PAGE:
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03.30.2016
I came across an article published in the Miami Herald on March 21, 2016 relating to the Tropical Point Condominium in Miami. The article is titled Condo Owners Face Financial Losses Under Receivers. The article discusses the issues arising from the retention of a receiver in state court to resolve the Tropical Point condominium’s financial issues and the resulting problems with the receivership. [more]

If you are a member of a condominium and/or homeowner association, the following article - from a leading Miami bankruptcy attorney - may be useful and relevant to your specific circumstances:

Condominium and homeowner associations are constantly confronted with financial issues which are left up to a board of directors consisting of unit owners and a management company to resolve.  Sometimes these financial issues are inherited from one board of directors to another and from one management company to another.  Over time, these financial issues take on a life of their own as the problems snowball and the issues get bigger and bigger.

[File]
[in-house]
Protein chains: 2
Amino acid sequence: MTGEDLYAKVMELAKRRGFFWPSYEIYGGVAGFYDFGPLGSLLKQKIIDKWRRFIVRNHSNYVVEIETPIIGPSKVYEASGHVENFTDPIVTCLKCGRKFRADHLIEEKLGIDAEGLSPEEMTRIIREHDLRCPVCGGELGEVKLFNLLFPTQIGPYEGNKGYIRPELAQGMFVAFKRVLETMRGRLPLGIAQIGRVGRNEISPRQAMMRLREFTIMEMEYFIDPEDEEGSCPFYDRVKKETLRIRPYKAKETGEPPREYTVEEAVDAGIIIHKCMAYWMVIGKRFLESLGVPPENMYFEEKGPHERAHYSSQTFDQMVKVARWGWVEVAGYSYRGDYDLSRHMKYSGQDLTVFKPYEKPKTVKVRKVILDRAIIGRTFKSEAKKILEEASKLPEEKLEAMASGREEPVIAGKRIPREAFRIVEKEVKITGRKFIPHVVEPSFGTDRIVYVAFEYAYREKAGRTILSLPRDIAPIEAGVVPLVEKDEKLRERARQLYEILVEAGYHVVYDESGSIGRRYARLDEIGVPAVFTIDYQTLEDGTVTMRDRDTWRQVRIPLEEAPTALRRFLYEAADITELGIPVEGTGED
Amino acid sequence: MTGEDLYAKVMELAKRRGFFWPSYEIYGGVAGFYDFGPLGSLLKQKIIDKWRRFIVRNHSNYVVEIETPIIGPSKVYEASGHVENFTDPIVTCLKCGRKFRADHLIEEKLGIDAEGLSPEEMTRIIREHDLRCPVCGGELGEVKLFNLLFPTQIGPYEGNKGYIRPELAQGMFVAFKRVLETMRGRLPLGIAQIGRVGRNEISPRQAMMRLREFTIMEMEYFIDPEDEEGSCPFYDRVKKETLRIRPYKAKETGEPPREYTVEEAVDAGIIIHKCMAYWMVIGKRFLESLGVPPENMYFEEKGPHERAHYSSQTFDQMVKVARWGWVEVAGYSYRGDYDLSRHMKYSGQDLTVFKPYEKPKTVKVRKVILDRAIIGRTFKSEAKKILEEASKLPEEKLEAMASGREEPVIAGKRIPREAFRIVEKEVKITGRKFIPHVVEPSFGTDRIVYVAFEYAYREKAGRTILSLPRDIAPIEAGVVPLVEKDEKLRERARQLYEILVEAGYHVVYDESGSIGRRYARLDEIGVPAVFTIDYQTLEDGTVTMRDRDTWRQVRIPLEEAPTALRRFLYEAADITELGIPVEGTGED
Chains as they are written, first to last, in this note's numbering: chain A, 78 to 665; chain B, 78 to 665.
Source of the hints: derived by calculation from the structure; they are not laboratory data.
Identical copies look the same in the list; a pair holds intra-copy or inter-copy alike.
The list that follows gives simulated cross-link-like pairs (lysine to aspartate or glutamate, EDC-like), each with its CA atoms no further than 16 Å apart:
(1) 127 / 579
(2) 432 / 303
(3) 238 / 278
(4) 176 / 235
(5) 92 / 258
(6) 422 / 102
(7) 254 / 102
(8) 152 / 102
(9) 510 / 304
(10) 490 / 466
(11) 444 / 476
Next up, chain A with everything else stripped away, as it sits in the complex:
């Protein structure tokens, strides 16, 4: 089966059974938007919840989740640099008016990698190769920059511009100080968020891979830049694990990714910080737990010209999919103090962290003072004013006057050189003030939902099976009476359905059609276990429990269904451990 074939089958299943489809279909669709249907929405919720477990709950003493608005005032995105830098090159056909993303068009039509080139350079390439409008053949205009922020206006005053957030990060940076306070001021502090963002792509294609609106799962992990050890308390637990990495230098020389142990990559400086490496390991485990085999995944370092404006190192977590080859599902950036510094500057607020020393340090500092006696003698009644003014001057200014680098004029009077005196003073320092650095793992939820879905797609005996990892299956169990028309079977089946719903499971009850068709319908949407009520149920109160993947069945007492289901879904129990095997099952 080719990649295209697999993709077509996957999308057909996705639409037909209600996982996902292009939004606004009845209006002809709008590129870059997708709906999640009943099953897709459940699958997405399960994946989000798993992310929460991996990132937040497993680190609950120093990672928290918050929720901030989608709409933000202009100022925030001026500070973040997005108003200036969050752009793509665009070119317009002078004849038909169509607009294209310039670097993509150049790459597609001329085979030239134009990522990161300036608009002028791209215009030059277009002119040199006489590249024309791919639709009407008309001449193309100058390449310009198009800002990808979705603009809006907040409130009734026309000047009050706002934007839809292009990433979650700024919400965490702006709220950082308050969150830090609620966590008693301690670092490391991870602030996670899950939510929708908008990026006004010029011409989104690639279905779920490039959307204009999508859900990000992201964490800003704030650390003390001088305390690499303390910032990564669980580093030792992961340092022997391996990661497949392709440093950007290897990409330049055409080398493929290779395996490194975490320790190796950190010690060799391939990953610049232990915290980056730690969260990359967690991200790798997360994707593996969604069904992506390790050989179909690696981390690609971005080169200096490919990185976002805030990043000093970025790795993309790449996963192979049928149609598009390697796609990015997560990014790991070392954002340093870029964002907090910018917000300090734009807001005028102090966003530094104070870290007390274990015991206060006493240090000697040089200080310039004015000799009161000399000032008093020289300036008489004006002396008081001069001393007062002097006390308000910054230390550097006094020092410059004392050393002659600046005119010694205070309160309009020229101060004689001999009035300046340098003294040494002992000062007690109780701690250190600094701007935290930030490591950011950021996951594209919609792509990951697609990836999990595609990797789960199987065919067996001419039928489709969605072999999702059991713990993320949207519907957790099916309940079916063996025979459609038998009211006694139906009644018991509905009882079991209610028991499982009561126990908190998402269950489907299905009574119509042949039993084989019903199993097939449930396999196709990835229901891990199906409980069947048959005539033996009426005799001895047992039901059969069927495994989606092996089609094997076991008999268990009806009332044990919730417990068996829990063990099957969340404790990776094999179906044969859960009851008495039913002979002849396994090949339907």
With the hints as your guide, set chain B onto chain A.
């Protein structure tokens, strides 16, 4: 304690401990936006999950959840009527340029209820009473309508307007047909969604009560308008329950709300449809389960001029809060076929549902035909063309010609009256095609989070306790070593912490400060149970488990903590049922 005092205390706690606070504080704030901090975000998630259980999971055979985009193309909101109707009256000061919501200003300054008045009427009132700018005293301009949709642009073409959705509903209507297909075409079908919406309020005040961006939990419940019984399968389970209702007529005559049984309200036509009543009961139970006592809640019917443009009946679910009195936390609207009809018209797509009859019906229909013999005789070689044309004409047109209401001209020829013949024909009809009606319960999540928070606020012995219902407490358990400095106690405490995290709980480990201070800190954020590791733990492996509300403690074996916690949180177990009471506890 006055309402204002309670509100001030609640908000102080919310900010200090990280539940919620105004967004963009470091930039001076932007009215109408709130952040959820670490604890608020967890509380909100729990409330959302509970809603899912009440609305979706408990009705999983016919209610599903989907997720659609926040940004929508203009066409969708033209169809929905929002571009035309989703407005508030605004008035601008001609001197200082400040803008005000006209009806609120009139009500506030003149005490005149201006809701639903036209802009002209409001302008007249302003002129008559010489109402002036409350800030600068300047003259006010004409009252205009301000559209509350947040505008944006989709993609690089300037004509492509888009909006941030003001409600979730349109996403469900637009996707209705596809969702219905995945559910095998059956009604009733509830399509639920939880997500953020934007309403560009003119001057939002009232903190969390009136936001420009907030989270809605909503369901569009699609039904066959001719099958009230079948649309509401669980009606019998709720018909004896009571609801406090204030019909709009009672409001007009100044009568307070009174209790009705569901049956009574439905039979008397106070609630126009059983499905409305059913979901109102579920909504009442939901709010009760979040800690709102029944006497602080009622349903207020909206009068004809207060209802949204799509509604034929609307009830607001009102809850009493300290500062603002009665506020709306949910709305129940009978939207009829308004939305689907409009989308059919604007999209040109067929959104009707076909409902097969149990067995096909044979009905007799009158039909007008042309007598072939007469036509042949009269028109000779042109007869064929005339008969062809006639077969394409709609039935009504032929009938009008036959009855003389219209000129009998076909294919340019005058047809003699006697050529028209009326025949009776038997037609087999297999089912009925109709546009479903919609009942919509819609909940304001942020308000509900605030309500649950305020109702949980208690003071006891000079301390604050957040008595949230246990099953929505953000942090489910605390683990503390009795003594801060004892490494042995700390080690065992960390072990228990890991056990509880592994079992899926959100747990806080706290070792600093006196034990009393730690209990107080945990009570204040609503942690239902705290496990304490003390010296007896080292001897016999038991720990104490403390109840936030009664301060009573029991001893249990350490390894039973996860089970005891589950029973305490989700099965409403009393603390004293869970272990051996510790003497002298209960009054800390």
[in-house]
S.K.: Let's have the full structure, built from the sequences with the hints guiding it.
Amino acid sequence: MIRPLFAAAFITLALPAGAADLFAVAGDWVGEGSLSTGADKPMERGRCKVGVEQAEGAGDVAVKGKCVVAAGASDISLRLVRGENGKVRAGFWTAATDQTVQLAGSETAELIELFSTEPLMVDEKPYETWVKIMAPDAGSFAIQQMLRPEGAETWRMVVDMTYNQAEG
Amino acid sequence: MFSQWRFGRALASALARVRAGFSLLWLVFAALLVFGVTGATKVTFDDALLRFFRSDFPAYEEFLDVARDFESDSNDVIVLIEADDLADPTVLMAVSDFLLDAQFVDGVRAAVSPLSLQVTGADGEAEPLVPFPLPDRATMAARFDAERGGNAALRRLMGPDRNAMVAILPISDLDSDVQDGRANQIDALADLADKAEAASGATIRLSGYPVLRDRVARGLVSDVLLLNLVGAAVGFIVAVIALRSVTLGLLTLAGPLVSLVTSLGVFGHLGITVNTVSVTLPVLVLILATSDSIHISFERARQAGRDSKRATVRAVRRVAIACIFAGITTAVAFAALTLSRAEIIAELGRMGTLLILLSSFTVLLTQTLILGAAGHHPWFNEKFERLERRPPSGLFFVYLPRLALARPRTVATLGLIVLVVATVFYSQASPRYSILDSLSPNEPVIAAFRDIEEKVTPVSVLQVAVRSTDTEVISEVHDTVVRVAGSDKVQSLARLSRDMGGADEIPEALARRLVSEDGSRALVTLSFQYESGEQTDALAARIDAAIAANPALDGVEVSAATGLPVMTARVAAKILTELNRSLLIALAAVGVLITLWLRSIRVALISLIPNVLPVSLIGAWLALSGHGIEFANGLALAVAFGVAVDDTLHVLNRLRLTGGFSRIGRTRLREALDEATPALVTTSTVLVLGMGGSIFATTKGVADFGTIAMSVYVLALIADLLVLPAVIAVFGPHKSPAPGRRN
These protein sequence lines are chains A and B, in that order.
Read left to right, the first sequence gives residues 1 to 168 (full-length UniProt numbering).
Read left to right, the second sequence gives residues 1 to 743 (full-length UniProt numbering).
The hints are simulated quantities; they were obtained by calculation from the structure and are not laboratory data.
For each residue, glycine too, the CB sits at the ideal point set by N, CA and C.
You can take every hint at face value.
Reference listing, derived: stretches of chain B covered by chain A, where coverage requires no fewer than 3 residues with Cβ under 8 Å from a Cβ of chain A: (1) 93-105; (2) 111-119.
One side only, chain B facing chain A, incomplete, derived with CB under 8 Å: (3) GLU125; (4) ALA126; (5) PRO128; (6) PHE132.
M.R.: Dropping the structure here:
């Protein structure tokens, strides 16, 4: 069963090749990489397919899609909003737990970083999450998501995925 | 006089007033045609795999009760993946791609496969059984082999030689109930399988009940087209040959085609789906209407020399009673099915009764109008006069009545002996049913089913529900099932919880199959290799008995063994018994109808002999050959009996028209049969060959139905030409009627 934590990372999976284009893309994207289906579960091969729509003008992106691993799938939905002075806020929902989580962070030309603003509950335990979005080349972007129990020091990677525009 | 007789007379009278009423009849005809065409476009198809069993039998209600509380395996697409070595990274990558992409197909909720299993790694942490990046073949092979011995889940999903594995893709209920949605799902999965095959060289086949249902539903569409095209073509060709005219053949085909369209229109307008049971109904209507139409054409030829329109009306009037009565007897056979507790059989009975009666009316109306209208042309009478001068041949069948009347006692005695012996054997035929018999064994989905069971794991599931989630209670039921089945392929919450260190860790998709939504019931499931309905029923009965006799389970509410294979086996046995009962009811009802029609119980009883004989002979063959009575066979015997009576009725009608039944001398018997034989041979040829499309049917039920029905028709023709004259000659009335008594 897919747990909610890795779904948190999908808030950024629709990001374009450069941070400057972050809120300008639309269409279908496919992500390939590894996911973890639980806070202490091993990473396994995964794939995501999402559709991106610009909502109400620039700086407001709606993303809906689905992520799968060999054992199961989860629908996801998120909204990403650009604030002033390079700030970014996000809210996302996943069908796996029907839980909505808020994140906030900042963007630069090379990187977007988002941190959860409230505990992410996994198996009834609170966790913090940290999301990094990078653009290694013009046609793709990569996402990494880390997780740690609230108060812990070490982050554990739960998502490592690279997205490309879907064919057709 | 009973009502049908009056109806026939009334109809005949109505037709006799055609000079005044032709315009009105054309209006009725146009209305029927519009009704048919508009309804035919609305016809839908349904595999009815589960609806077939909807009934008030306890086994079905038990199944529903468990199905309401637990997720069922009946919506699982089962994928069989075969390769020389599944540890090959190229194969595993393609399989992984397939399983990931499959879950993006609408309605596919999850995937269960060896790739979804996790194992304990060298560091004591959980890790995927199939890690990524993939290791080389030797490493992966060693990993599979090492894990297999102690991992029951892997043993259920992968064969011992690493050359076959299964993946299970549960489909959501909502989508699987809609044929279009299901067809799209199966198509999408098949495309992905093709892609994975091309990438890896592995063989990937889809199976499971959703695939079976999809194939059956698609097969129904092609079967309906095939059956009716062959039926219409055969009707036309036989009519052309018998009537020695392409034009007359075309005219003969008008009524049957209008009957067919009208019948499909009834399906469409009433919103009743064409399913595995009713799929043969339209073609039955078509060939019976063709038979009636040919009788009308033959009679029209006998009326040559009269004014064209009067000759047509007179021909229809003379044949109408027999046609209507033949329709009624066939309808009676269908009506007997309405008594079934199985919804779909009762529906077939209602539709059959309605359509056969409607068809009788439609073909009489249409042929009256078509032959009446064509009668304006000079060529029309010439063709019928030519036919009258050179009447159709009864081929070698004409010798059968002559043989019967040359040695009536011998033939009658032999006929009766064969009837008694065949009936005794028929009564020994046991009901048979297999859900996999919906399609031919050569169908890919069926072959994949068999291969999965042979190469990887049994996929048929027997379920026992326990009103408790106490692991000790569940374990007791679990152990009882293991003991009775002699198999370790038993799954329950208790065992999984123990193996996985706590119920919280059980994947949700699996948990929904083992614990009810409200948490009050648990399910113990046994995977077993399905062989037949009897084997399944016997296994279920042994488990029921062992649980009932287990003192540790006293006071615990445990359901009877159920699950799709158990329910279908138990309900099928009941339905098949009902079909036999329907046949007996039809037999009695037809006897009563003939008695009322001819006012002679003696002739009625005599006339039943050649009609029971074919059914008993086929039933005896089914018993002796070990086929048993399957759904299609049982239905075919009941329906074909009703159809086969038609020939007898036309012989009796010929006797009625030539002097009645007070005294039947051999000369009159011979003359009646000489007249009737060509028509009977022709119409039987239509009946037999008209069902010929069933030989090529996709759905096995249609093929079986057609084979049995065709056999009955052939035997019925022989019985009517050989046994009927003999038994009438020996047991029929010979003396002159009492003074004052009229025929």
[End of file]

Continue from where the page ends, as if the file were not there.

I came across an article published in the Miami Herald on March 21, 2016 relating to the Tropical Point Condominium in Miami.  The article is titled Condo Owners Face Financial Losses Under Receivers. The article discusses the issues arising from the retention of a receiver in state court to resolve the Tropical Point condominium’s financial issues and the resulting problems with the receivership.